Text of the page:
The St. Petersburg Opera presented an Il Trovatore that met all the requirements of a classic Verdi opera production.
IL TROVATORE. Opera by Giuseppe Verdi, libretto by Salvatore Cammarano. Cast: Michael Morrow (Manrico); Alexandra Batsios (Leonora); Claudia Chapa (Azucena); Christopher Clayton (Count di Luna). Stage Director: Karl W. Hesser; Costume designer: Glenn Breed; Conductor and executive director: Mark Sforzini. Produced by St. Petersburg Opera.
Poet Susan Eisenberg has published three previous books, all worth reading, all notable for their lack of pedantry and abstractions affecting so much poetry today. Her poems are immediate, dramatic, and firmly rooted in day-to-day reality. With this fourth volume, she reveals something personal you’d appreciate knowing about. She is unwell: a cancer survivor, she also has lupus, an insidious autoimmune disease you can read all about in Wikipedia. So what does she do? She writes about it. How? Astoundingly well. Continue reading “Best Poems Ever about Illness”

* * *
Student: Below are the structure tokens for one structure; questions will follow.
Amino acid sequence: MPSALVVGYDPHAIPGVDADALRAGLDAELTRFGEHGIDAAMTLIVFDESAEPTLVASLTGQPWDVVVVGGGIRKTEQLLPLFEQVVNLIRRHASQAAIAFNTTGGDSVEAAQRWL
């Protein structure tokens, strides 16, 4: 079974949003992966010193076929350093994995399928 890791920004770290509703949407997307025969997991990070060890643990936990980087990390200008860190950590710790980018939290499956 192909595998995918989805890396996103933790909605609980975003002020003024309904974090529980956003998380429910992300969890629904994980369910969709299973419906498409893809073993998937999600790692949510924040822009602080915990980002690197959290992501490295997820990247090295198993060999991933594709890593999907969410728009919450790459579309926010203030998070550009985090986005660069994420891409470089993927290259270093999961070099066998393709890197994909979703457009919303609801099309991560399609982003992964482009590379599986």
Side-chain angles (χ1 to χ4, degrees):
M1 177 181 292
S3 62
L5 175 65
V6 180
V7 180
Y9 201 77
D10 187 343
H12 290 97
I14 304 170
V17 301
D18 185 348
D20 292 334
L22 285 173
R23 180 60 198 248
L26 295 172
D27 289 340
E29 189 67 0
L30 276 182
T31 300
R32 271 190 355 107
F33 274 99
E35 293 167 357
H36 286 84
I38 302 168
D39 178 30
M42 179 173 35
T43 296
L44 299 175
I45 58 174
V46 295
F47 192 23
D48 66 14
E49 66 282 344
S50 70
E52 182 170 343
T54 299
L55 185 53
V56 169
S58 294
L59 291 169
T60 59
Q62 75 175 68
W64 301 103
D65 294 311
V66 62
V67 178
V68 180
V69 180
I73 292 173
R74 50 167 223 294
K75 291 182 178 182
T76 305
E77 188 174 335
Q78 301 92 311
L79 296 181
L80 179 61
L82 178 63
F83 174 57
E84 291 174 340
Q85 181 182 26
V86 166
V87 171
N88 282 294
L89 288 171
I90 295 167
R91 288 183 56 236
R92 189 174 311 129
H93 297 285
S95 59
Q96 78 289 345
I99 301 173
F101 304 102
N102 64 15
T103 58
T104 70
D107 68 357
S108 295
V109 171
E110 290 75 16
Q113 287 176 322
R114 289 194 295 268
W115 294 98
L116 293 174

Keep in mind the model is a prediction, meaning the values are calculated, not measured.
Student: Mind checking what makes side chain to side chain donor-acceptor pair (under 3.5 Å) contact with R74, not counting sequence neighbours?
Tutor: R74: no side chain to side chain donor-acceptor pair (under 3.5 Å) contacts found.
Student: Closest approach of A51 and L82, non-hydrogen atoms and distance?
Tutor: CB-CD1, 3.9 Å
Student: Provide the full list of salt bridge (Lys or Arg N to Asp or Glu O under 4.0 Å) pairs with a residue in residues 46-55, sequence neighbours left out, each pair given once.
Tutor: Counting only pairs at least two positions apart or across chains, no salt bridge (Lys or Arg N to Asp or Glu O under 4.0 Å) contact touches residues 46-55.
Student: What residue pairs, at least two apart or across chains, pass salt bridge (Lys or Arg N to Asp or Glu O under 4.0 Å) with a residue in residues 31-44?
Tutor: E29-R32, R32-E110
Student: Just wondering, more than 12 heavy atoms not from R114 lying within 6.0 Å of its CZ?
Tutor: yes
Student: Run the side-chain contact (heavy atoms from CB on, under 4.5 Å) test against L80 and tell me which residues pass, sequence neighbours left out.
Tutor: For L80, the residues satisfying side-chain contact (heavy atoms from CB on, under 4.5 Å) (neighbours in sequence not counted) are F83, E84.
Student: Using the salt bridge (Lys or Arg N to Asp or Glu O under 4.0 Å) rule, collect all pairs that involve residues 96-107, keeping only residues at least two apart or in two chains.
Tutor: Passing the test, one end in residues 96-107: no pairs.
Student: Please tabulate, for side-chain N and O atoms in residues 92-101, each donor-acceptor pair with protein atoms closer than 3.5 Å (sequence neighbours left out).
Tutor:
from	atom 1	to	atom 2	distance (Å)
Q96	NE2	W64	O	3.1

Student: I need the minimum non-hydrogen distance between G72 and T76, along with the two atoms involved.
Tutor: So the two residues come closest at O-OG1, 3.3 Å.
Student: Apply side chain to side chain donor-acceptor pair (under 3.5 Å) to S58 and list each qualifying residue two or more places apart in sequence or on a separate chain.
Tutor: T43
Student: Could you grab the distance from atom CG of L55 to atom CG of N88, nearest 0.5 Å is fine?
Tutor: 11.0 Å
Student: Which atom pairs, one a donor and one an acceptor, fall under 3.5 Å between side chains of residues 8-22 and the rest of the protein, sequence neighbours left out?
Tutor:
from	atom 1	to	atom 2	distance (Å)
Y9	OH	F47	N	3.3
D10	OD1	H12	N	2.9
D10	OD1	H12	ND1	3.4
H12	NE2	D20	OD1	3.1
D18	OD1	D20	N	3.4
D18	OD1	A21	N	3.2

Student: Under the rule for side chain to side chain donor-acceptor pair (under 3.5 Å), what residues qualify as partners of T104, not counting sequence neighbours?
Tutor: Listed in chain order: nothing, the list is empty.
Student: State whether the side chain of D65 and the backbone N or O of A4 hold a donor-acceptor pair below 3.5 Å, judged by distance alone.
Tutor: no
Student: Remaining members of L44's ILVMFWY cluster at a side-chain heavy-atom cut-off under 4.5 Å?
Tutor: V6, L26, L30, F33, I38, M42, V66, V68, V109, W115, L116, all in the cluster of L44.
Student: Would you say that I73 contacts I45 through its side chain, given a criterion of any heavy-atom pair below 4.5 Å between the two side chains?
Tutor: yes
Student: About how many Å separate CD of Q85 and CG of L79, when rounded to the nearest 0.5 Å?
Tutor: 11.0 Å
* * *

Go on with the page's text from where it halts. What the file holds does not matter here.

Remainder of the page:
Paper making was already in full steam in the Rhineland before Johannes Gutenberg invented the printing press in 1450. It was thought that paper making was invented in Italy, but actually the Islamic world and China had preceded Western Europe by many centuries. But once the Rhineland got going, it went full steam. Continue reading “Did the Printing Press Cause the Protestant Reformation?”
Perhaps this book is too modestly titled. True, it does begin as an account of the author’s father and his struggles with failing eyesight, as he falls victim to the hereditary disease of retinitis pigmentosa. In the opening scene he takes the author, a six-year old, for a seemingly harmless ride in the family car. Soon it is revealed that he can barely see the road and almost has a traffic accident. Continue reading “An Affliction of Many Dimensions”